While both public and private persons have with some frequency alleged that Cuba has supported a secret biological warfare (BW) program, no convincing proof of the existence of such a program has been presented. Cuba signed the Biological and Toxin Convention (BWC) in 1972 and ratified it in 1976.
Since approximately 1981, Castro has been instrumental in Cuba's acquiring a powerful biotechnology capability which is possibly the most advanced among developing countries. Certainly, Cuba’s biotechnological and medical industries are the largest and most sophisticated in Latin America as demonstrated by its large-scale production of pharmaceuticals and vaccines. This capability is being used to develop and produce products for exports and the income from these exports might be larger than all other income-generating endeavors with the exception of sugar and tourism.
Cuba has never been known to possess chemical weapons; it signed the Chemical Weapons Convention in 1993 and ratified it in 1997.
Cuba is not suspected of having acquired or produced long-range ballistic missiles.
In October 1962, Cuba was the stage for the most dangerous confrontation between the United States and the Soviet Union during the Cold War. In May 1962, Soviet Premier Nikita S. Khrushchev secretly began deploying medium range ballistic missiles (MRBM) and intermediate range ballistic missiles (IRBM) to Cuba as a means to counter the U.S. lead in strategic missiles and protect Cuba from an U.S.-sponsored invasion. Presented with photographic evidence of missile installations under construction, President John Kennedy chose naval blockade as the course of action against Soviet ships. The strategy proved to be successful and on 28 October, Khrushchev announced that he would dismantle the installations, expressing his trust that the United States would not invade Cuba.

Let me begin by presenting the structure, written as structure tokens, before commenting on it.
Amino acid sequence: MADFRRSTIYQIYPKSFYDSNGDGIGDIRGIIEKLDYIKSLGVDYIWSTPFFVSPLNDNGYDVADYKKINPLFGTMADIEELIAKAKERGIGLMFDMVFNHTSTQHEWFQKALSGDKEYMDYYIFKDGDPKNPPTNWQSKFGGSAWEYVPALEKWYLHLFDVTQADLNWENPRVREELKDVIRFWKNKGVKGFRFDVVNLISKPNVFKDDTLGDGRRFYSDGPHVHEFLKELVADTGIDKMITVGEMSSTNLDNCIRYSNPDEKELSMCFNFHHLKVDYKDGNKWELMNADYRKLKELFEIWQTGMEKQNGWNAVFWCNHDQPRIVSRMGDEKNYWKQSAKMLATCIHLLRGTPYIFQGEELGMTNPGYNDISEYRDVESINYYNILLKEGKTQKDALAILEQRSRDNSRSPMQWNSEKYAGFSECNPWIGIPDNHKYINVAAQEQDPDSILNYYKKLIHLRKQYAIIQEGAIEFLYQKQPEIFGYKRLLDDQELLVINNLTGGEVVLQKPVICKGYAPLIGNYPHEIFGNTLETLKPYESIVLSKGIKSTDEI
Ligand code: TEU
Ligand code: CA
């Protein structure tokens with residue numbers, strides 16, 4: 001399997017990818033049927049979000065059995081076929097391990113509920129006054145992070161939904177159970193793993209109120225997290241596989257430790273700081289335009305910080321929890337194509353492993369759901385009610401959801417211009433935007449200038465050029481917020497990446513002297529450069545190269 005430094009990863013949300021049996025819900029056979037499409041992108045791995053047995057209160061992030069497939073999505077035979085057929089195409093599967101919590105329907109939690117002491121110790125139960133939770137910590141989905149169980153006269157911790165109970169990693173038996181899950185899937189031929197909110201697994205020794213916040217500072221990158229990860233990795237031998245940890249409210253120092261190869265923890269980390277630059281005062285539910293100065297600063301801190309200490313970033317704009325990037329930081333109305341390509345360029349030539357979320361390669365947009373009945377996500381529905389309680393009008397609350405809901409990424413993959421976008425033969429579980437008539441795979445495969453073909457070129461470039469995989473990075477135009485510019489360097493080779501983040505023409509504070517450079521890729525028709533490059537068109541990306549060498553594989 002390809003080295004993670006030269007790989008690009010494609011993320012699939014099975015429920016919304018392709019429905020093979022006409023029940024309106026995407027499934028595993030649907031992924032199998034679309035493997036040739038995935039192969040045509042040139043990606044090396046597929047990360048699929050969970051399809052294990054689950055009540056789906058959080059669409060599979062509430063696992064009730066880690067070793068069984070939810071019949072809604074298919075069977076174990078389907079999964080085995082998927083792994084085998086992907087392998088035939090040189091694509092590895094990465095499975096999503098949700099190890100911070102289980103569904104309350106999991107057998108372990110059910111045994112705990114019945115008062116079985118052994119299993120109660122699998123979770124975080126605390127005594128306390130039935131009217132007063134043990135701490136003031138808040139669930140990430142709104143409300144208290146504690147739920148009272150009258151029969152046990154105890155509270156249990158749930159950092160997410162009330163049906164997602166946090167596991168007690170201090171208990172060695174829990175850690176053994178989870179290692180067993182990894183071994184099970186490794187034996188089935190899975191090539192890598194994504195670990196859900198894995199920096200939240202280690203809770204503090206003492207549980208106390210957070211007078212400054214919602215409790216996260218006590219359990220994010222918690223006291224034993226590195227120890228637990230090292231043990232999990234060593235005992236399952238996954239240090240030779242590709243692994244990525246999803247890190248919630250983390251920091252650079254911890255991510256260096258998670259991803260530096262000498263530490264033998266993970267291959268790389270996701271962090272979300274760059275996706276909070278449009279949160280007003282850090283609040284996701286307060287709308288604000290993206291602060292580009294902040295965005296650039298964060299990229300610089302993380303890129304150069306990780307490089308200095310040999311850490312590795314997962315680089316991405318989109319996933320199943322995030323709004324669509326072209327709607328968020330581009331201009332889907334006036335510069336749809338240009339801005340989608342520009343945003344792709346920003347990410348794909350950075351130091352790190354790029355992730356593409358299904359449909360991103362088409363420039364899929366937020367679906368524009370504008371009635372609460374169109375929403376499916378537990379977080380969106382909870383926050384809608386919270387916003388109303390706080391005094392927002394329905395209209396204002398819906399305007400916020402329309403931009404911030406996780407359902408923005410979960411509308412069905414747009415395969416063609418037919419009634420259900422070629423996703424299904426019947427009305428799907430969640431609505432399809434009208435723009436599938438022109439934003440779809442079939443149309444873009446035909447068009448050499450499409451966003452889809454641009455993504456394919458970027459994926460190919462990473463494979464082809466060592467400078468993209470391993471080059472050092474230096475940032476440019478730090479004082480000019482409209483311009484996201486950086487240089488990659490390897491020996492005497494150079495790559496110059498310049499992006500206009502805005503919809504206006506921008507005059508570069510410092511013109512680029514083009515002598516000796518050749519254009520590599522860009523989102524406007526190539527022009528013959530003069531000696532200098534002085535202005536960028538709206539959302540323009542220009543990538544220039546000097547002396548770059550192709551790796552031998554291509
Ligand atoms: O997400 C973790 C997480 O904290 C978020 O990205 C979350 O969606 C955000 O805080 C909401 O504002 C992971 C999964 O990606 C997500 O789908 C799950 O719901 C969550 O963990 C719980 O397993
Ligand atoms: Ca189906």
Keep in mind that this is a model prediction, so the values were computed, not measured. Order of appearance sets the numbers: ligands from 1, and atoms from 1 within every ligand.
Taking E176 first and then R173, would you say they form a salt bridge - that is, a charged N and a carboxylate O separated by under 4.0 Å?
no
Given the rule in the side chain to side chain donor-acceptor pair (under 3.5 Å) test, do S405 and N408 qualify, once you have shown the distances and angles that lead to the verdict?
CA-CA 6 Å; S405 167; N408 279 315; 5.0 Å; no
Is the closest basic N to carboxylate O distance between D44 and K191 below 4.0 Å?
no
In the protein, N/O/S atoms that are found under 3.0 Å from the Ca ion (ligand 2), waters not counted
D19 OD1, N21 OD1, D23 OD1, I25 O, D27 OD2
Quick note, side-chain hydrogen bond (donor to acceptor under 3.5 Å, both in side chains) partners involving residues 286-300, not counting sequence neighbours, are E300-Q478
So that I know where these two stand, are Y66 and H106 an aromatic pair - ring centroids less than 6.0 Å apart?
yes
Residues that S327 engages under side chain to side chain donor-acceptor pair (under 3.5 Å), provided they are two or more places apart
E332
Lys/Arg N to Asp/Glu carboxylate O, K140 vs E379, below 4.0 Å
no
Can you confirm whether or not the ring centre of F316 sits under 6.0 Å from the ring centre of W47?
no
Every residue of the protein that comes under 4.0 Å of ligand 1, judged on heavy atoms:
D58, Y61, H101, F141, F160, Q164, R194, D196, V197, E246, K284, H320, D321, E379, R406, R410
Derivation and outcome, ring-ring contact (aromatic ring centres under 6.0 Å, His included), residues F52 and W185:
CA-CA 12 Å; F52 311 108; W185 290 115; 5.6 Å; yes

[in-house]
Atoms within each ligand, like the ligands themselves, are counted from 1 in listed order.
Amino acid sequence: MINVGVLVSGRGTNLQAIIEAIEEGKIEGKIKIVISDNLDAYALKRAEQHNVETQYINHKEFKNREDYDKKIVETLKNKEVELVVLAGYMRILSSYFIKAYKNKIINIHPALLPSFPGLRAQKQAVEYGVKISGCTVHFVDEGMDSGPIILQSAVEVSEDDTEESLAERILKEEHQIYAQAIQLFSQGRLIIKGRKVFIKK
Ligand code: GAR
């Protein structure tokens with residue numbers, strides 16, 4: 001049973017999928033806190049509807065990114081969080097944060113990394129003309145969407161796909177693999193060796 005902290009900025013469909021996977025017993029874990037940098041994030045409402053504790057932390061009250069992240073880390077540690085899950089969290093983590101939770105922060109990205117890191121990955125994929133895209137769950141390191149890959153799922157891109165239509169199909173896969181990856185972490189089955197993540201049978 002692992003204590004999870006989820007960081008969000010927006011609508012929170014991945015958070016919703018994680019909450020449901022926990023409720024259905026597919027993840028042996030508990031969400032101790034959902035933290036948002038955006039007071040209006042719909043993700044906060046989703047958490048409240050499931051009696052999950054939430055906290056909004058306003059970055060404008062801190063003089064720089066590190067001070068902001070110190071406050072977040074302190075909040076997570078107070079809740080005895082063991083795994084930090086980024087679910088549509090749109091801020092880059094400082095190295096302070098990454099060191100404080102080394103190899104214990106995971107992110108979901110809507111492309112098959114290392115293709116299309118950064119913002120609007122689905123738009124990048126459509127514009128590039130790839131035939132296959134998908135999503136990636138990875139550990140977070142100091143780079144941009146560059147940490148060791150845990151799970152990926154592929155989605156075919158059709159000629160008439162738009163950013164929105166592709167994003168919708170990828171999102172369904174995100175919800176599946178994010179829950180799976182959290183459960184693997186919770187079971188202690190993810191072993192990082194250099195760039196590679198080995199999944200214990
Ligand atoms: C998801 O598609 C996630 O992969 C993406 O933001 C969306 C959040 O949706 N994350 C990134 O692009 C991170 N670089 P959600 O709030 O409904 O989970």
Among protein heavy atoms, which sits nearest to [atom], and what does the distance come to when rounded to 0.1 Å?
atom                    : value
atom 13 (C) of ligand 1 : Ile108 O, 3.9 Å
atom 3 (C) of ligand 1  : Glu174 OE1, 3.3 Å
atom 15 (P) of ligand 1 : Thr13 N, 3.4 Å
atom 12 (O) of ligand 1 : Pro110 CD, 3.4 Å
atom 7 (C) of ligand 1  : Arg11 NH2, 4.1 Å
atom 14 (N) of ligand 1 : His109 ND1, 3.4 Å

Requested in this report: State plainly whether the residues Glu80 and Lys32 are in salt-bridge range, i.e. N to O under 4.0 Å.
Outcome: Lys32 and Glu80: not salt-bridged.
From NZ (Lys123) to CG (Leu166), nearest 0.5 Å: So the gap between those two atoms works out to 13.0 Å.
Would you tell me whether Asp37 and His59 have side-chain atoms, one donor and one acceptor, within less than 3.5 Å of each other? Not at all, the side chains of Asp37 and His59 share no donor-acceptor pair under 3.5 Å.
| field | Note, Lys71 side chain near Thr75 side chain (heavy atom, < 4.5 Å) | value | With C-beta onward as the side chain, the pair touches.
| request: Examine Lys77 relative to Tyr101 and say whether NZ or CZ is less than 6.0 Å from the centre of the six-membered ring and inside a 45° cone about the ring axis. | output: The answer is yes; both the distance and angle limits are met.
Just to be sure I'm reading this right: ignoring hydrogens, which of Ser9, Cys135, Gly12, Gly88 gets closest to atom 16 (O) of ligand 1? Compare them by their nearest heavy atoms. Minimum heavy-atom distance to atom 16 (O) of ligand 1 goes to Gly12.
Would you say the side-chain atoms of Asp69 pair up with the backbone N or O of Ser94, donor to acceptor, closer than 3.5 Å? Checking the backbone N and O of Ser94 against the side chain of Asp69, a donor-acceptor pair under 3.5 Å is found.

Scott Parrish, "Russia, Cuba, and the Juragua Nuclear Plant," NTI, May 1997, www.nti.org.
 "Nuclear Safety: Concerns with the Nuclear Power Reactors in Cuba," GAO/RCED-92-262, 24 September 1992, http://archive.gao.gov.
 Patrick E. Tyler, "Cuba and Russia Abandon Nuclear Plant, an Unfinished Vestige of the Soviet Era," New York Times, 18 December 2000, www.lexisnexis.com.
 "Cold War: Cuban Missile Crisis," Revelations from Russian Archives, Library of Congress, www.loc.gov; Laurence Chang and Peter Kornbluh, "The Cuban Missile Crisis, 1962," The National Security Archive, George Washington University, www.gwu.edu and "Cordon of Steel The U.S. Navy and the Cuban Missile Crisis," Department of the Navy, Naval Historic Center, www.history.navy.mil.
This material is produced independently for NTI by the James Martin Center for Nonproliferation Studies at the Monterey Institute of International Studies and does not necessarily reflect the opinions of and has not been independently verified by NTI or its directors, officers, employees, or agents. Copyright © 2011 by MIIS.
Get the Facts on Cuba
- 1963 Cuban Missile Crisis a key Cold War confrontation between the United States and the Soviet Union
- Possesses a well-developed biotechnology sector with dual-use capabilities
- No evidence to suggest Cuba possesses or is pursuing ballistic missiles